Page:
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Are you interested in studying psychology? A psychology bachelor’s degree program will introduce you to fundamental theories and concepts in the field, including cognitive psychology. Cognitive psychology is an important subfield of psychology that examines mental processes such as perception, memory, thinking, language, and decision-making. It explores how individuals acquire, process, store, and use information. Unlike the branches of psychology that emphasize outward-facing human behavior or emotions, cognitive psychology has more of an internal focus.

In the South University Bachelor of Arts (BA) in Psychology program, cognitive psychology is one of the many topics featured in our curriculum. This blog post previews some of what you’ll discuss in your psychology courses—and how these concepts apply to the professional world*.

Areas of Exploration in Cognitive Psychology

Perception: This area examines how people interpret sensory information from the environment, including what they see, hear, taste, smell, and touch.

Memory: Cognitive psychologists study how individuals encode, store, and retrieve information over time. This includes short-term memory, long-term memory, and the factors influencing memory recall.

Learning: Understanding how we acquire new knowledge, skills, and behaviors is fundamental to cognitive psychology. Classes on learning typically cover conditioning, reinforcement, and observational learning.

Language Processing: Cognitive psychology delves into how humans acquire and use language, including how they comprehend and produce speech, interpret written language, and communicate with others.

Problem-Solving and Reasoning: Cognitive psychologists study how we approach and solve problems, make decisions, engage in critical thinking, and reason through various situations.

Attention: This area looks at how individuals selectively focus on specific stimuli and how attention affects perception, memory, and overall cognitive functioning.

Cognitive Development: Cognitive psychology investigates how cognitive abilities and processes evolve across the lifespan, from infancy through adulthood and into old age.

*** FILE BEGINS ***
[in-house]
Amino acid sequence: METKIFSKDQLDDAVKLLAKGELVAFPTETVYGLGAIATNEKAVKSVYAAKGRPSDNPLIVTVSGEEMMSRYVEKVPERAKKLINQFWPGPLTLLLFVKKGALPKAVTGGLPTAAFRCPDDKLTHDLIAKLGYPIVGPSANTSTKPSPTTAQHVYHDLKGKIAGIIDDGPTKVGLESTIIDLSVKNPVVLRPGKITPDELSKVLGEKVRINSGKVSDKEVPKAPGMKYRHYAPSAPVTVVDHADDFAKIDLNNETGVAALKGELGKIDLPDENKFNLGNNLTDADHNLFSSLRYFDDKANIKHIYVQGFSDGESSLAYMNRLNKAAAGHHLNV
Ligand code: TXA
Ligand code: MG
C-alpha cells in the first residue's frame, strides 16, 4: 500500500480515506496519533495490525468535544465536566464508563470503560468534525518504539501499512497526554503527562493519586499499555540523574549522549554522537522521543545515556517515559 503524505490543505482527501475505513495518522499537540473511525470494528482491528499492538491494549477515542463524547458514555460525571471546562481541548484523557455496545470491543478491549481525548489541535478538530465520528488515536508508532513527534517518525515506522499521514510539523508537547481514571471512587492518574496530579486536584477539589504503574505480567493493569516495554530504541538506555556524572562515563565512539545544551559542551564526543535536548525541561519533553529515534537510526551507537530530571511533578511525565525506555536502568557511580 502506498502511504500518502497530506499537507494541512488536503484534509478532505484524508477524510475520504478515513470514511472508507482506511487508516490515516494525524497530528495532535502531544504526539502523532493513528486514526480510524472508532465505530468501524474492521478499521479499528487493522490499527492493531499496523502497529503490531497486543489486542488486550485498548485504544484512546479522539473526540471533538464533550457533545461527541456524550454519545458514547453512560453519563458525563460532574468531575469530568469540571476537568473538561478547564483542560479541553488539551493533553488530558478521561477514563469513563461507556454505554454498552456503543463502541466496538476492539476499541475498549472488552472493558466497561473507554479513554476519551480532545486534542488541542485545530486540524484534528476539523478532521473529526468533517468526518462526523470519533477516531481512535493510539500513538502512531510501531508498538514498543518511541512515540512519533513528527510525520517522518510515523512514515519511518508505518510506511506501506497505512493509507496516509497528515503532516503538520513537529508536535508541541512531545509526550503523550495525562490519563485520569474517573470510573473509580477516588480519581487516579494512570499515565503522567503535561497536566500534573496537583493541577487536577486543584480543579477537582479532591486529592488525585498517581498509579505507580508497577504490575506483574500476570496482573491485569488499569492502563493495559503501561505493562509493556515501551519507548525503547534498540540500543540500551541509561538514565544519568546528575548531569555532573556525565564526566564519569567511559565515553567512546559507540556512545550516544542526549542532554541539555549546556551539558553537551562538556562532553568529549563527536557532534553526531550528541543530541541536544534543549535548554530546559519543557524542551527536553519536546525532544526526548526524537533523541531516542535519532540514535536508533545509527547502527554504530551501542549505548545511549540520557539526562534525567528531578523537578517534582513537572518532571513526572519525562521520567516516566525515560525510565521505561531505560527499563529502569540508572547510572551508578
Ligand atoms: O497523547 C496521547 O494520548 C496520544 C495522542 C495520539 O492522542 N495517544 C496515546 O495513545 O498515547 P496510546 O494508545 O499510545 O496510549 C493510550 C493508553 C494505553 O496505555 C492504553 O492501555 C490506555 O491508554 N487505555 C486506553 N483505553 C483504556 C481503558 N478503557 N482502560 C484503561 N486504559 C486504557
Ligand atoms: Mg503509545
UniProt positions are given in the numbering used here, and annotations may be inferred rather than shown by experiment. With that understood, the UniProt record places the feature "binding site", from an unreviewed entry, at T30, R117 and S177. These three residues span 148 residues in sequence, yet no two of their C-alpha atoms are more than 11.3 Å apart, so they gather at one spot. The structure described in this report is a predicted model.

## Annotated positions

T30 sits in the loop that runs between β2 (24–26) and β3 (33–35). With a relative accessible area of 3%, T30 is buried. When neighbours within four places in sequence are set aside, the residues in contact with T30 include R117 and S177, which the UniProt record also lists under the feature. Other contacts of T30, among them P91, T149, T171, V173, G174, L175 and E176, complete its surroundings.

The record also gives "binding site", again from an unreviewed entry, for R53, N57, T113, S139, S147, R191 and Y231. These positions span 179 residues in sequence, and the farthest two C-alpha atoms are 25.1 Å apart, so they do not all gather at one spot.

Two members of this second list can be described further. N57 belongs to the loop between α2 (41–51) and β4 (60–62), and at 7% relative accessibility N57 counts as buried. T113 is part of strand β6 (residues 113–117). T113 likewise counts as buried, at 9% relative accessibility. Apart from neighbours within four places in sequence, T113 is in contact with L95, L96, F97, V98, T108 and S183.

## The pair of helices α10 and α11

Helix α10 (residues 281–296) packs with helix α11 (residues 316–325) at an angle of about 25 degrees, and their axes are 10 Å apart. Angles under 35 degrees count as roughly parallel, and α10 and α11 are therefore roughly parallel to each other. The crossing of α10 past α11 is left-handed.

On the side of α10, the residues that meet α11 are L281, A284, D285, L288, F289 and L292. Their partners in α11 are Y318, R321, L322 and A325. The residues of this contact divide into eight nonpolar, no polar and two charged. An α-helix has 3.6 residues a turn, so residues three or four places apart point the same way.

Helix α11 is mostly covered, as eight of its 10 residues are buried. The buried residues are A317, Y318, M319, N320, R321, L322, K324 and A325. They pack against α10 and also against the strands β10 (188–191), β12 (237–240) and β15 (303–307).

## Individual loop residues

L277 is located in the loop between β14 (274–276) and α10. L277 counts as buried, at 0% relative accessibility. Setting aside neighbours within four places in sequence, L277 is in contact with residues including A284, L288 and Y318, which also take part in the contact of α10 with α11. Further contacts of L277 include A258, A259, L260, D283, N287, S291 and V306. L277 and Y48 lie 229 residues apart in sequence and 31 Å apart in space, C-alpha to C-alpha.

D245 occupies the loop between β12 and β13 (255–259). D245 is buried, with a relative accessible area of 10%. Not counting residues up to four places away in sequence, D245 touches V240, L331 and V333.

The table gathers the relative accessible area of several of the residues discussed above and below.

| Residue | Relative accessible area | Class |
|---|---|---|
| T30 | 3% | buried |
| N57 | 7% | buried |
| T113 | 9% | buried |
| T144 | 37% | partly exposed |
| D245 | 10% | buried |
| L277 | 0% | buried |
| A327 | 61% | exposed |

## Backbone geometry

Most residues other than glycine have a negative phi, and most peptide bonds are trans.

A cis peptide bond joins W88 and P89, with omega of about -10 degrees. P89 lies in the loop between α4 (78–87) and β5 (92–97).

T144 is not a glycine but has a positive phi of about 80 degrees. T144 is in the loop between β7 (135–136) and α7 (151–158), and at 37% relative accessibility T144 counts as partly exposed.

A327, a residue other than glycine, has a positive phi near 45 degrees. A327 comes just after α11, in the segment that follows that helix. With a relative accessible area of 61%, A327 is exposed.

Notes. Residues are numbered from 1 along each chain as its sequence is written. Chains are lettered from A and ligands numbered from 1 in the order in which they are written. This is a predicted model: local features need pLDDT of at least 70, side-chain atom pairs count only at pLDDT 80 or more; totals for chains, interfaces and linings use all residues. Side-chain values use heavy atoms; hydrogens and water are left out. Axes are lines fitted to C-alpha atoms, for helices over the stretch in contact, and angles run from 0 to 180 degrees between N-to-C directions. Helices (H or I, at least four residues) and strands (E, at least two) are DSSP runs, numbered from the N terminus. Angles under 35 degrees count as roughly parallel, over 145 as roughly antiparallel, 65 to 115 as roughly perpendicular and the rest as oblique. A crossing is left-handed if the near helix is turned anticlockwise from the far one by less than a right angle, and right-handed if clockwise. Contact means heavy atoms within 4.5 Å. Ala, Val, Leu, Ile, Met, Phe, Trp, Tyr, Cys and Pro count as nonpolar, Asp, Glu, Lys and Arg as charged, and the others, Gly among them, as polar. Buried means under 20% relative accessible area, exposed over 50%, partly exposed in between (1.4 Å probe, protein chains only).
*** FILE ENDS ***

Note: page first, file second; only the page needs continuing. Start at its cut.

Cognitive Neuroscience: This interdisciplinary domain explores the neural basis of cognitive processes using techniques like brain imaging and electrophysiology.

Applications of Cognitive Psychology

Cognitive psychology has contributed significantly to our understanding of human behavior, learning, problem-solving, and mental health. Understanding how people process information, think, learn, and remember is crucial in tailoring clinical interventions, designing effective communication strategies, improving learning environments, and enhancing mental well-being. Let’s look closer at a few practical applications.

Education: Cognitive psychology helps instructional designers and educators create effective teaching materials and strategies that match how learners process and retain information. This includes optimizing content structure and length, incorporating visual aids, and utilizing techniques to enhance memory and understanding.

Clinical Psychology: Cognitive-behavioral therapy (CBT) is a widely used therapeutic approach. CBT helps individuals identify and change negative thought patterns and behaviors, making it effective in treating conditions like anxiety, depression, phobias, and PTSD. Clinicians also draw on cognitive psychology when recommending memory improvement techniques to patients. These techniques can aid memory retention and retrieval for clients with memory disorders or cognitive decline.

Human-Computer Interaction and Artificial Intelligence: Cognitive psychology principles guide the design and testing of all types of technology. By understanding how users process information and interact with technology, designers can create more intuitive, efficient, and user-friendly software and hardware. Cognitive psychology can also inform the design and development of AI systems.

Marketing and Advertising: Marketers use cognitive psychology principles to understand how consumers perceive, process, and make decisions about products and advertisements. Marketers can tailor their strategies to align with consumers' cognitive processes and preferences.

Business and Government: Cognitive psychology can help leaders understand decision-making processes and apply better problem-solving techniques. This can allow individuals and groups to makes more strategic plans, policies, and decisions.

Healthcare: Cognitive psychology can help organizations and individual care providers design programs to improve cognitive function in older adults, potentially delaying cognitive decline and improving quality of life.

Get Started on Your BA in Psychology

Want to learn more about psychology? Explore South University’s Bachelor of Arts in Psychology or request information to speak with an Admission Representative today!

*South University does not promise or guarantee employment.